Noticing rust on your bike’s disc brakes can be unsettling. There may be some perfectly understandable reasons why rust is beginning to accumulate, but nevertheless, you’ll want to remove it. Rust will corrode the metal over time.
There is no need to worry. There are a few simple ways to get rust off bike disc brakes, and we can also tell you how to keep bike disc brakes from rusting in the first place.
Ride your bike
The first method for removing rust from bike disc brakes is to simply ride the bike around. The caliper wear from your braking motion may clean the rust from the metal without you needing to do anything else. In general, regular use is important for keeping your bike in the best possible condition.
If riding the bike around doesn’t do the trick, you can try using aluminum foil instead.
How to get rust off bike disc brakes using aluminum foil
Just take a small piece of aluminum foil and ball it up. Then gently rub the rusted spots with the foil. You may have to spend some time and energy doing this, but it is a much better method than using harsh chemicals on your bike.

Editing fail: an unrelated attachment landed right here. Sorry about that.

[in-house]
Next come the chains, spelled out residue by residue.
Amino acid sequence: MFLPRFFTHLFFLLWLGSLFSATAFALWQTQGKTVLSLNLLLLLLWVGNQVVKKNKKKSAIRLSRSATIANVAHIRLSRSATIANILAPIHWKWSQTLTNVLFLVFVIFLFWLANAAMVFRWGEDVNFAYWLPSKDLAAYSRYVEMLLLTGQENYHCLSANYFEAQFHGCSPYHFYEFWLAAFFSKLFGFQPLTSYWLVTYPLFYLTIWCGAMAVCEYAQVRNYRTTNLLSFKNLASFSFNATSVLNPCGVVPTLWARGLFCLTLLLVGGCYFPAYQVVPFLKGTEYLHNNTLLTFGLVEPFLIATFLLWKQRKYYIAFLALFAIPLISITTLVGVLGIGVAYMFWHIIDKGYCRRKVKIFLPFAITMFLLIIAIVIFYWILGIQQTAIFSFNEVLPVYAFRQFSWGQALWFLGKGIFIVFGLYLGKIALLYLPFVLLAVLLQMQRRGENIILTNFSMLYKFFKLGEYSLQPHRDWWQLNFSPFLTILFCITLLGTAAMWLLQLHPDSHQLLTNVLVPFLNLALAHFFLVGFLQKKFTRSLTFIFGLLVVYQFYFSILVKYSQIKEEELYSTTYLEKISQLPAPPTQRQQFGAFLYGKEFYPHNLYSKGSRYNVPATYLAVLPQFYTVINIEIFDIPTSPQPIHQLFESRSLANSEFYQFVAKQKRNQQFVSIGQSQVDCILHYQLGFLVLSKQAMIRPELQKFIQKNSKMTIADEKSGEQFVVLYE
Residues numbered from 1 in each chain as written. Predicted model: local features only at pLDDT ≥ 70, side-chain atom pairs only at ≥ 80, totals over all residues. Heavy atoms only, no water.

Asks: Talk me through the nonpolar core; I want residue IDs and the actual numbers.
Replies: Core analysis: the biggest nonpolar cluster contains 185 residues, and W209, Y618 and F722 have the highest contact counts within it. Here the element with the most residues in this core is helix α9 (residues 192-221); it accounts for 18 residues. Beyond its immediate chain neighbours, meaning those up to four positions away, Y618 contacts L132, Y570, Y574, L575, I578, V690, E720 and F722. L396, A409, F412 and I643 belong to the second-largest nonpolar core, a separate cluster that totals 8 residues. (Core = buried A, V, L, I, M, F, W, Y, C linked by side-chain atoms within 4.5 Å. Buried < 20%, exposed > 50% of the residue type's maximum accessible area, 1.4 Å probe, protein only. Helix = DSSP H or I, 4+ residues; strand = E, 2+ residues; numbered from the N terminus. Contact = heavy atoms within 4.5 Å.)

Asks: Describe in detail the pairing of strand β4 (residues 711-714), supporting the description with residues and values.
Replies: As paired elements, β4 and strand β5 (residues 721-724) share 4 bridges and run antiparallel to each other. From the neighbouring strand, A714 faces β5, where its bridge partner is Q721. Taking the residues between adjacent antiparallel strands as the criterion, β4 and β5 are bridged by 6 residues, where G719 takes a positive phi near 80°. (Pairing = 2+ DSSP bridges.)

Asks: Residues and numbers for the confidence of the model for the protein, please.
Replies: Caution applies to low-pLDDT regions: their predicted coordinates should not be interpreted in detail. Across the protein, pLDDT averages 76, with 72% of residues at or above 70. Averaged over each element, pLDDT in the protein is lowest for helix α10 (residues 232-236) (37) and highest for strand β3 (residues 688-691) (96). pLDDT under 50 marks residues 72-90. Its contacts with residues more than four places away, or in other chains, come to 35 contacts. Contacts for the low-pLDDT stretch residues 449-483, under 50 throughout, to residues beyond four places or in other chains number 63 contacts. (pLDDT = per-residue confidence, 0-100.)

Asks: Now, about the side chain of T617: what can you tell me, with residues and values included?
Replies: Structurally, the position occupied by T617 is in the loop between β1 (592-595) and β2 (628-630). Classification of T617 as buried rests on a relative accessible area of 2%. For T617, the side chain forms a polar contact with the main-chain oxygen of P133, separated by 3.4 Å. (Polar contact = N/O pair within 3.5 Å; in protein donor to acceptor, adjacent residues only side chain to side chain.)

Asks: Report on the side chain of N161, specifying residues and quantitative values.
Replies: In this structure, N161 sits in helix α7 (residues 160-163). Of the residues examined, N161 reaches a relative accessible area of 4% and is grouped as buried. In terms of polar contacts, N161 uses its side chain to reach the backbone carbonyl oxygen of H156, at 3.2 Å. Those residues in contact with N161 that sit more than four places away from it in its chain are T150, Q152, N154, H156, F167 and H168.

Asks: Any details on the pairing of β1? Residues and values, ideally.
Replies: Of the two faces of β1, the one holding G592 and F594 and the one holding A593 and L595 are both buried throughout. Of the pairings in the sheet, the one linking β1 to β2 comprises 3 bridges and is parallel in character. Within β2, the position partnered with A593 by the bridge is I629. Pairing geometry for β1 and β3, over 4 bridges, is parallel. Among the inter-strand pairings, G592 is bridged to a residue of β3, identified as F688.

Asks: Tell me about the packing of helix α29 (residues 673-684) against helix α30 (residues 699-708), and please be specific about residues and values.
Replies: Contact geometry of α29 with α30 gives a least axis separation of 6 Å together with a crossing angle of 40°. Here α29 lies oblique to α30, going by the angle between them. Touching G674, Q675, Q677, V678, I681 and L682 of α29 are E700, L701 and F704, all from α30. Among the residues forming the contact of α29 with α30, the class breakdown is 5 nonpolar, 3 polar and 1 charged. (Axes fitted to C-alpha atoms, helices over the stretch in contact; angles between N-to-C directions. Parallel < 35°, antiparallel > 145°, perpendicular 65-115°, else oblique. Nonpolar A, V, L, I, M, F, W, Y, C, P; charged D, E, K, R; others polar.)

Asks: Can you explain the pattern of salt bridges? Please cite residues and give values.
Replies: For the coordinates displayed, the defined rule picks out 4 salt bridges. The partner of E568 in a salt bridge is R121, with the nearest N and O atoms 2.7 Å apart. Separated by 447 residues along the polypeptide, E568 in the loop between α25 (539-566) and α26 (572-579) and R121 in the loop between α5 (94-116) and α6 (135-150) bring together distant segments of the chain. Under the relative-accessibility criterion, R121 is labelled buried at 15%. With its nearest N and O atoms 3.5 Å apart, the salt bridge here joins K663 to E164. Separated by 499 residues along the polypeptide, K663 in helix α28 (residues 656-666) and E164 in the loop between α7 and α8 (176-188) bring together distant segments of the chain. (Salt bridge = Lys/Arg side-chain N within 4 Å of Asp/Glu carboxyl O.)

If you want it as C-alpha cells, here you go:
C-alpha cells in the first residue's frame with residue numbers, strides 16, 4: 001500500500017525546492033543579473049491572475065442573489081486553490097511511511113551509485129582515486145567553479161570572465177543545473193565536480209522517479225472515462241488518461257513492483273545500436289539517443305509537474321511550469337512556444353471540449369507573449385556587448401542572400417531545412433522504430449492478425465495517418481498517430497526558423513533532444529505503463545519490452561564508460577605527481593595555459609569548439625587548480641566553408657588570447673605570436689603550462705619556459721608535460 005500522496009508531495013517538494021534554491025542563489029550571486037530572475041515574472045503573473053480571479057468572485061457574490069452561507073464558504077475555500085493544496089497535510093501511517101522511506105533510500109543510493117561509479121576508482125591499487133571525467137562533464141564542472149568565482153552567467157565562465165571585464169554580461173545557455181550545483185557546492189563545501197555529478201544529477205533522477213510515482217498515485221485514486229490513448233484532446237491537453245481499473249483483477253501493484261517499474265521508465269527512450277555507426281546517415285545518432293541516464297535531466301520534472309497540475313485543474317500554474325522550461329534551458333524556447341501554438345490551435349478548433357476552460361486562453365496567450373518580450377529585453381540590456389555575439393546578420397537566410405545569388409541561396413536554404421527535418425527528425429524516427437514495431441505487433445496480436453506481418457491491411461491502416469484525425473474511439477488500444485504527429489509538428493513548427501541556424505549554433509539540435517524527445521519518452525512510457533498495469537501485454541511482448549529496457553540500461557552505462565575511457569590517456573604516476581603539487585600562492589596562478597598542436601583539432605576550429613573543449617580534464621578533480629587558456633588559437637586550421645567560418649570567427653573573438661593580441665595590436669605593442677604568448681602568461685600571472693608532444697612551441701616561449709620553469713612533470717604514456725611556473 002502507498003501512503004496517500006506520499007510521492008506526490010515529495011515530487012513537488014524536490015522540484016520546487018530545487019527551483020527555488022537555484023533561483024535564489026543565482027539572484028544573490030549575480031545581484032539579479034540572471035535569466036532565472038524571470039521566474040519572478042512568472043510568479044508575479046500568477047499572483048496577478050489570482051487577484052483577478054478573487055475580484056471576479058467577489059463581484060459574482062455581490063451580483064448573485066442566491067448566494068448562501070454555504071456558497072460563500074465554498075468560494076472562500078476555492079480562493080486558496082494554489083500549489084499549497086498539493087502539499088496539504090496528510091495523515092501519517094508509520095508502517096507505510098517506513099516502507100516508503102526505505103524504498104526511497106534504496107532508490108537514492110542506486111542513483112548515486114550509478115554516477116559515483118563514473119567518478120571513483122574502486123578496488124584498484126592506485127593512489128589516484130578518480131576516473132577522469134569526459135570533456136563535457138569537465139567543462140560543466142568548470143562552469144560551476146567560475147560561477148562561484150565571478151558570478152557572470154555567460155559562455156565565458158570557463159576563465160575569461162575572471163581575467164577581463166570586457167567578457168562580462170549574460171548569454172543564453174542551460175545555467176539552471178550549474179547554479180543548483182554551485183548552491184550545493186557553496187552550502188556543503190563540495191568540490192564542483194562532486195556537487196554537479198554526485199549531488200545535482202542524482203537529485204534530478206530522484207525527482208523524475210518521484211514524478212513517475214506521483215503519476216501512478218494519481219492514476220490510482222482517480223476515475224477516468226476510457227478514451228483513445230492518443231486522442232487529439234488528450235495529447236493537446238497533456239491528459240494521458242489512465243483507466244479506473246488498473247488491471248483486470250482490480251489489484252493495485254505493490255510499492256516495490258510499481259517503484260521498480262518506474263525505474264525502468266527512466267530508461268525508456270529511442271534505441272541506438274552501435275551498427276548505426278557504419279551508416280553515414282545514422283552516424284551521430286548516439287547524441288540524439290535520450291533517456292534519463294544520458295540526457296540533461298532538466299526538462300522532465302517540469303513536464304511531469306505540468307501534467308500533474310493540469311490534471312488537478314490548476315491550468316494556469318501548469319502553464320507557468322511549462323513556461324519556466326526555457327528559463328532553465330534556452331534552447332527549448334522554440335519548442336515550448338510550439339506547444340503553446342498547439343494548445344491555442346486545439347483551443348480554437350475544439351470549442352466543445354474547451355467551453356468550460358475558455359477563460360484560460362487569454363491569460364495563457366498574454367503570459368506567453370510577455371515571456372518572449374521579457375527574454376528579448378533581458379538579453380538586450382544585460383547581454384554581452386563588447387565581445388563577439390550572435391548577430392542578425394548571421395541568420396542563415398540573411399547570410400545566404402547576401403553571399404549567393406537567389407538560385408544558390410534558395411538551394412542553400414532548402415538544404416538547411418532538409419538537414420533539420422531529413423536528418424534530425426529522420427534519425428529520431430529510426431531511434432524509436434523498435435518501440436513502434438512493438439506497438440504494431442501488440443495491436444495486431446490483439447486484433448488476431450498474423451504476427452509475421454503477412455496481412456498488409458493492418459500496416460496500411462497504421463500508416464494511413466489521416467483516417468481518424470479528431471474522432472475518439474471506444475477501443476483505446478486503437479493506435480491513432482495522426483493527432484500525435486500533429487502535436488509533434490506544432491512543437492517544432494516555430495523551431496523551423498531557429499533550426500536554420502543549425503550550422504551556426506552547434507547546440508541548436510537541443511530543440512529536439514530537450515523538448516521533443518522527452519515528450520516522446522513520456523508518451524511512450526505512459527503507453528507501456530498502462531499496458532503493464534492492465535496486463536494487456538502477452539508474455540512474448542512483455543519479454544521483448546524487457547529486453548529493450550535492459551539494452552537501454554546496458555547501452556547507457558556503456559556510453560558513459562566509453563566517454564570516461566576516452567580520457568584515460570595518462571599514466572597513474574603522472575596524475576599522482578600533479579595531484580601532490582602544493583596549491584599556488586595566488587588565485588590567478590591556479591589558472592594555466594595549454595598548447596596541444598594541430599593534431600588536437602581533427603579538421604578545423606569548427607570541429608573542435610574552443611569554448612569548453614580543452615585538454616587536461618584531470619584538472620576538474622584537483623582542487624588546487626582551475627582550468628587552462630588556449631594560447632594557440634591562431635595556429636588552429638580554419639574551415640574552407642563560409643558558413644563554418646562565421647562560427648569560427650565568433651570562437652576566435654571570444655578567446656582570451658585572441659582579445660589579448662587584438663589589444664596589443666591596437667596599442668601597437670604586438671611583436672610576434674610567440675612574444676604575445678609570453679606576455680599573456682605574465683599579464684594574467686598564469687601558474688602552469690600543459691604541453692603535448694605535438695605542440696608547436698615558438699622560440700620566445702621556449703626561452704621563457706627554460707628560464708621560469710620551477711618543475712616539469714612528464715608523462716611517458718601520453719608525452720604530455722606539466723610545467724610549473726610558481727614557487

In addition, be aware that the foil will flake away as you work. You might want to sit your bike on a tarp or other surface while working to make cleaning up easier.
What not to do
If your bike disc brakes have rusted, we do not recommend using WD-40 or other common rust and stain removers. These harsh chemicals can end up doing more harm than good in the process, even permanently damaging your bike. Don’t take the chance.
How to keep bike disc brakes from rusting
The simplest solution is to prevent rust from accruing on the brakes in the first place. The key is to prevent them from being exposed to moisture. Whenever possible, store your bike in a cool, dry space. Your garage or a shed is probably ideal, but we have post covering some other outdoor bike storage options. If you don’t have access to a shed, consider storing your bike inside your home or apartment. A lot of people who live in apartments keep their bikes on balconies, but doing so increases the chance of rust.
Finally, you can coat your bicycle with a rust-proofing lubricant, which is especially important if you’re forced to leave it outside. Consult the professionals at your local bike shop for the best brand for your particular bicycle.
Image at top: © Jeff Attaway | Creative Commons